Reading Time: 5 MINUTES
With so many variables and speedy turnarounds, ensuring the laundry runs smoothly requires meticulous multi-tasking and a mathematical mind. This is a day in the life of Japhet Koech
My name is Japhet Koech and I am 36 years old. Laundry was the natural career choice for me. I have tried to change and I just can’t. It’s what I am meant to do. My day starts first thing in the morning at 05:40. I shower and dress – I have to make sure I am presentable – then check that I have my keys and head straight to the laundry to be there by 6am sharp as today I am on the early shift.
The first thing I do is open all the doors and ventilate the room. Today, we’ve been requested to conduct some maintenance on the machines and run them with plain water for five minutes with no soap or clothing. Then, I start working on preparing the laundry loads and first priority goes to the napkins.
Next comes the guest laundry received the previous night, which should be delivered before 10am checkout. Then come the towels. This ends the previous day’s work. What comes next depends on the number of checkouts – many checkouts means lots of sheets and towels. I already have my day sheet so I am prepared and know exactly how many guests are leaving and how many new arrivals we’re expecting. At 07:30 my colleagues arrive and I handover what I’m busy with so that I can go for breakfast – tea with bread or sweet potato. Then I quickly head back to continue my day to receive more laundry.
My colleagues proceed directly to the napkins on arrival. They take them out the machine, load them into the dryer and finally press them before sending to the guest areas in time for breakfast. By 08:30, all staff uniforms should be ready for washing and by 9am I ensure they are in the laundry machines. Much relies on the tent stewards and how quickly they bring the used linen. I need 17kg in order to load the machine. Of our two machines, one is busy with the staff uniforms and we have whites, khakis and colours, which are each washed separately.
When we are busy like today, we work in a team of four. Two will iron guest clothing and staff uniforms and the other two work the pressing machine, loading and offloading the machines and sorting. This prioritisation can be a bit hectic – our work is all about mathematics! You have to weigh and prioritise in order to be as efficient as possible. By 10am, most of the used linen has been received and clean linen has been dispatched. “You bring me dirty, I give you clean – it is a trade”.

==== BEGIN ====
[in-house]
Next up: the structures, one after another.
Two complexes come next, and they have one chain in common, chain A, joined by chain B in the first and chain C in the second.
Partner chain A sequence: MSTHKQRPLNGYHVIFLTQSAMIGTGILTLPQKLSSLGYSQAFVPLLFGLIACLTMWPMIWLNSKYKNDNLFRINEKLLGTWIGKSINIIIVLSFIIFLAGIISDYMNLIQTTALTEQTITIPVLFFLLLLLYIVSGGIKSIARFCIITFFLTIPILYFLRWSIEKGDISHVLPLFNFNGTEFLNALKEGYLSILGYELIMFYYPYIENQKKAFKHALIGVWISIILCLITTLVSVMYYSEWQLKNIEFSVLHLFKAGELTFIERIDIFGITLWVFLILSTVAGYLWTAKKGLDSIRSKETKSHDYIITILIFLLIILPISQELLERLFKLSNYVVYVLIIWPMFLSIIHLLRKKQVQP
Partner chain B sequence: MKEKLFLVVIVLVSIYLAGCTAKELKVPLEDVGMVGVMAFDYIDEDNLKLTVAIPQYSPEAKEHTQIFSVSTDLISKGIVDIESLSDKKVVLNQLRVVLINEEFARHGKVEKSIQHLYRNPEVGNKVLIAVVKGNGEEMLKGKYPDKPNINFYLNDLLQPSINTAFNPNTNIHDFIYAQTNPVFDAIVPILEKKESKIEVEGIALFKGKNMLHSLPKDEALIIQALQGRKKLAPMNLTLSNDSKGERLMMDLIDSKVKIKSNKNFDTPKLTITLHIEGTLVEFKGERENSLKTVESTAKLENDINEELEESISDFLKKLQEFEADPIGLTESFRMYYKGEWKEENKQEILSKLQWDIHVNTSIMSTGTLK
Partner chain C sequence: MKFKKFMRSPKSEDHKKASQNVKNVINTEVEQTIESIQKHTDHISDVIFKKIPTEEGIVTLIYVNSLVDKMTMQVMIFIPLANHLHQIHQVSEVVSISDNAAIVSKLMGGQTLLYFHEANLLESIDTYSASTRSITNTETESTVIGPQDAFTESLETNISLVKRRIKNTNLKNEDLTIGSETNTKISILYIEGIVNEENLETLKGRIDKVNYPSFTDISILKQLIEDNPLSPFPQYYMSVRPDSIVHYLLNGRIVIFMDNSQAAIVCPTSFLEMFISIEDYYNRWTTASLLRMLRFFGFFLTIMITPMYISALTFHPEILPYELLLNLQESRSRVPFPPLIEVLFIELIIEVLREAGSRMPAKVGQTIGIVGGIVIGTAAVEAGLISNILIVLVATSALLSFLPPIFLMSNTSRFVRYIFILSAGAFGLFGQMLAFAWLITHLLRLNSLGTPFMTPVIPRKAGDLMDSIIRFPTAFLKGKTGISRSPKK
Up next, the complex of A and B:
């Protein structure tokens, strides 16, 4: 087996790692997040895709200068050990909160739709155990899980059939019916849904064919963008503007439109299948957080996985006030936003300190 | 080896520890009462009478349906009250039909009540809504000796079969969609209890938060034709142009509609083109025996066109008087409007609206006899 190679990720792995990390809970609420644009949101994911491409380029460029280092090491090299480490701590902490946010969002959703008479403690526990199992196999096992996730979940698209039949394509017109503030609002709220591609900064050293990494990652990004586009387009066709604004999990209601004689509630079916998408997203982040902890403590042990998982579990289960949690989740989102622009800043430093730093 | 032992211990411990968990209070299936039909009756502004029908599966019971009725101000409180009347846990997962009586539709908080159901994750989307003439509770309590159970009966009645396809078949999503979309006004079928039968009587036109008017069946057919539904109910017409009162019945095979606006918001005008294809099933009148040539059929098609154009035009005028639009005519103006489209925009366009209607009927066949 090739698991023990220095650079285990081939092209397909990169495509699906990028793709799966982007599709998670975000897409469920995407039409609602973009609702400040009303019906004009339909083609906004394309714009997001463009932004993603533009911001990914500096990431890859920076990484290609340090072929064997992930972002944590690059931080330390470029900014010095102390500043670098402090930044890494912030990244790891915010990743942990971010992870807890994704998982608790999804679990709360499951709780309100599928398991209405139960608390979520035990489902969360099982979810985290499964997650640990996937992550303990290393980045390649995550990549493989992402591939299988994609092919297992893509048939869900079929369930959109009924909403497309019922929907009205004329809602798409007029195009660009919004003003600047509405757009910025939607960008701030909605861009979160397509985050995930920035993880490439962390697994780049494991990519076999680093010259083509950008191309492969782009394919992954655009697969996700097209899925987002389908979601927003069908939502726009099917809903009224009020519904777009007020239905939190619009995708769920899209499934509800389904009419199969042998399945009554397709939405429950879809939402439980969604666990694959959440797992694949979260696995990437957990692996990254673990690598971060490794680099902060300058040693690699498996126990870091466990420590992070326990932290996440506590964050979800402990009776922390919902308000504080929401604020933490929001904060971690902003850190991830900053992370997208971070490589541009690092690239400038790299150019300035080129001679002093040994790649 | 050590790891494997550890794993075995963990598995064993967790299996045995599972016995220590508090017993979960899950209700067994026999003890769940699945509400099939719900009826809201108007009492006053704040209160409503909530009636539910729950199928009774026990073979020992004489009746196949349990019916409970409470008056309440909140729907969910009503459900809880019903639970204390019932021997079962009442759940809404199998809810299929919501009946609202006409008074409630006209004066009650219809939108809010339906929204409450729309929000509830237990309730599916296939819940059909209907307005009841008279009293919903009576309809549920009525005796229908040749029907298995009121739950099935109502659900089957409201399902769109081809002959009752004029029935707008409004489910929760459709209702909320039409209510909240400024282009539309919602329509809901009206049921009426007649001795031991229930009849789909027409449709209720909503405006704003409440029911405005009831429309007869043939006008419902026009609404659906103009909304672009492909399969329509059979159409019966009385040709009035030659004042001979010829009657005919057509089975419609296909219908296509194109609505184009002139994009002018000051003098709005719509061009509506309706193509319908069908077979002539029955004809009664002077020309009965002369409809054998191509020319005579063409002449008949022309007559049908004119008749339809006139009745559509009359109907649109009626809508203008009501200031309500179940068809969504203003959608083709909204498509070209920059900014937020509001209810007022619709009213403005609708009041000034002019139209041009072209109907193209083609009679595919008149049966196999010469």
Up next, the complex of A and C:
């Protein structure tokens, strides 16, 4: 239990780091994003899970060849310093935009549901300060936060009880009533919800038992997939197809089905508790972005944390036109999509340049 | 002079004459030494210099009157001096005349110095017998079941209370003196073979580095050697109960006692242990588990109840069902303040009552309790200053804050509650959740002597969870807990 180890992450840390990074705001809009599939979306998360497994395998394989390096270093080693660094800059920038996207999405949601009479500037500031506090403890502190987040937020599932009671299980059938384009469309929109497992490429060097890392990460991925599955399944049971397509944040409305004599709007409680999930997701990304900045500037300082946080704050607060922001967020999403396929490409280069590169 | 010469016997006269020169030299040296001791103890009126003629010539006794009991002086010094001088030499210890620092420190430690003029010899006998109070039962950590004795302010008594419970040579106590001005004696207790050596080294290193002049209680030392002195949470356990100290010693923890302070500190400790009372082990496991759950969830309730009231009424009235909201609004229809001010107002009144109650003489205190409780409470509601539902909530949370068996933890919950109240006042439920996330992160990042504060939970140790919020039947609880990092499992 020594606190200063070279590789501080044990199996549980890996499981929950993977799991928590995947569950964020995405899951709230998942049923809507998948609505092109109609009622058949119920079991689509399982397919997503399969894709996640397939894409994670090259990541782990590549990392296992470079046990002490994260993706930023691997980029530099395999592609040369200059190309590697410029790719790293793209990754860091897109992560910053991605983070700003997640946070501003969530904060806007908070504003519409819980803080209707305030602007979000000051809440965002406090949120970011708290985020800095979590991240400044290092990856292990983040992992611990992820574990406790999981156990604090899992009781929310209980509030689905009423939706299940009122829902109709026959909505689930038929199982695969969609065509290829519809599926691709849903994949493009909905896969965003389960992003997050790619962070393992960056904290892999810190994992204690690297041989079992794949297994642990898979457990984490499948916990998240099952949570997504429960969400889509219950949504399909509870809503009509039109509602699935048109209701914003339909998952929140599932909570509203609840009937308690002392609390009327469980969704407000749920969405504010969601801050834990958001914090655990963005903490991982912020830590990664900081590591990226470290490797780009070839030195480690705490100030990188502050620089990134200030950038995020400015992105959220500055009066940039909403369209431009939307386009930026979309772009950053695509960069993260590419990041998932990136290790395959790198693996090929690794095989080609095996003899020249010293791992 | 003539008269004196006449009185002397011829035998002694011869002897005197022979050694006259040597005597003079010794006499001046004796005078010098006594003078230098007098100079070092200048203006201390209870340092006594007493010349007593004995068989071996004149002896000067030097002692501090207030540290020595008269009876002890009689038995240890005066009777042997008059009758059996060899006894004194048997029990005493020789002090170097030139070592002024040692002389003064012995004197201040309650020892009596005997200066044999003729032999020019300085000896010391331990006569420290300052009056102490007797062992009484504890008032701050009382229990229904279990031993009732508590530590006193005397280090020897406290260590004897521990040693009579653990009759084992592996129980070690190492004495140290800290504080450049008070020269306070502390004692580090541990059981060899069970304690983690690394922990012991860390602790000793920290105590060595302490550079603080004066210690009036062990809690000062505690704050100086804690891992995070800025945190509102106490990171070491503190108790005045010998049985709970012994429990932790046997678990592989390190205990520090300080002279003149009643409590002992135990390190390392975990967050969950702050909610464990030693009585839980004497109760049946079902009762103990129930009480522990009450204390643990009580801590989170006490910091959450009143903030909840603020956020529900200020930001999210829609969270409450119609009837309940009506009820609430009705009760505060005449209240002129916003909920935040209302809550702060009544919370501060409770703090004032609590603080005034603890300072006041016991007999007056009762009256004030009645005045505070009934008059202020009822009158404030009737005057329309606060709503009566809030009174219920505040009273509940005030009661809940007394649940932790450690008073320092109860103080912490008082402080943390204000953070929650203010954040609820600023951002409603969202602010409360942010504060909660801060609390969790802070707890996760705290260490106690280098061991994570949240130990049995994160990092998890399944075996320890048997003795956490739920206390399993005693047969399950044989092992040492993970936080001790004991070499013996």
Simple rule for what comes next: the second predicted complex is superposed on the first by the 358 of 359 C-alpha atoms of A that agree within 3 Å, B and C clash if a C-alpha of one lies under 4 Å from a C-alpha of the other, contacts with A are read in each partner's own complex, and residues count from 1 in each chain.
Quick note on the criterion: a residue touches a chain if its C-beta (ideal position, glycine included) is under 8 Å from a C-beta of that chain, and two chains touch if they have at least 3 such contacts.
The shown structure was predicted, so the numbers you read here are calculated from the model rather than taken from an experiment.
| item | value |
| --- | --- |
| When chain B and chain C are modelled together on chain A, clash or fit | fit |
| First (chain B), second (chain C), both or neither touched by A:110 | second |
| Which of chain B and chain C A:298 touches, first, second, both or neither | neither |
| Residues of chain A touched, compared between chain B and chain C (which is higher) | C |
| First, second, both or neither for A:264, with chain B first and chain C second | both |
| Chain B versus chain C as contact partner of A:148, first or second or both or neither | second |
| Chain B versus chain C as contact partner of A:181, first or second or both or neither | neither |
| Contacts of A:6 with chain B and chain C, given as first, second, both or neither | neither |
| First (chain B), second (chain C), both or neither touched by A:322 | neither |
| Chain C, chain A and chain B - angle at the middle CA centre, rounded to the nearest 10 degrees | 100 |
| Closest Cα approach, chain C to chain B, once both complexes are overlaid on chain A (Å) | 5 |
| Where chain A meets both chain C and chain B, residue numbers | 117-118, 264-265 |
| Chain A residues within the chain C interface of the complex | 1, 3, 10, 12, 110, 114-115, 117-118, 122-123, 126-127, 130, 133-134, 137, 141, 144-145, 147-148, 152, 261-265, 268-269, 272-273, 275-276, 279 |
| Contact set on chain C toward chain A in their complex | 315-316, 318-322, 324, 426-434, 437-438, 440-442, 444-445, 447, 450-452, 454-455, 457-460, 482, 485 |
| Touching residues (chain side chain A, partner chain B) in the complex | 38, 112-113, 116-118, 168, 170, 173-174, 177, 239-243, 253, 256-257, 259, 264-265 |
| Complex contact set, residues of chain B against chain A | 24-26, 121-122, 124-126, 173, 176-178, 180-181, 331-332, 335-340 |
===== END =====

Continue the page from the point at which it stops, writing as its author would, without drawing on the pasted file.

Then we need a team of two to press the sheets in the machine. We are always mindful of the quality, which is far more important than quantity. I also like to empower my colleagues and trainees to focus on the detail if they are yearning to be productive in this industry.
At this stage of the day, there are a lot of things happening at once. Washing machines are loaded, dryers are busy – one with towels and the other with sheets in loads. There is a lot of communication as we are working on the various tasks and continue to process the day sheets. Then you have to be flexible and sacrifice your work to assist the tent stewards with items from the storeroom (known as the “silent room”) for special requests like extra pillows, duvets, pens, lost luggage amenities etc.
Now we have implemented a sign that says “Knock and Wait” to ensure you balance between their requests with the importance of what we are busy with.
Between 12pm to 2pm, staff members stop by to collect their clean clothes. We take our lunch break in turns, two at a time. I like to sit with anybody at lunch and chat for 30 minutes and relax a little bit. In the afternoon, we put up our “Do Not Disturb” sign so that I can sort very thoroughly and undisturbed until all the clothes match the way they came in and are ready to be dispatched at 4pm. This can go on until 6pm depending on the day and the amount of guest laundry.
If I’m delayed, I have to inform my tent stewards through WhatsApp messaging and they will then inform the guest if need be. On the other side, the dryers are done and my colleagues are now folding and pressing. Others are doing wet work outside like mats, tablemats and staff shoes. My day ends when all the laundry has been dispatched, usually between 5pm and 6pm, but sometimes as late as 7pm if there is a full camp.
After work I like to go to the field and play soccer with my colleagues or run to the airfield. On weekends, when time allows, I go to the recreation room and watch football. I call home every day to find out how my family are – I have a wife and two children.
At 7pm I have dinner – usually ugali and meat or vegetables. After dinner, I go to my room and do some laundry research on Google. I am especially interested in fabrics and different water treatments. I like researching anything that touches on laundry especially when I face a problem during the day’s work, then I look up possible solutions.
I am happy if guests are happy and I love getting feedback. We also face challenges and no day is the same. You have to always improve yourself… but that is obvious.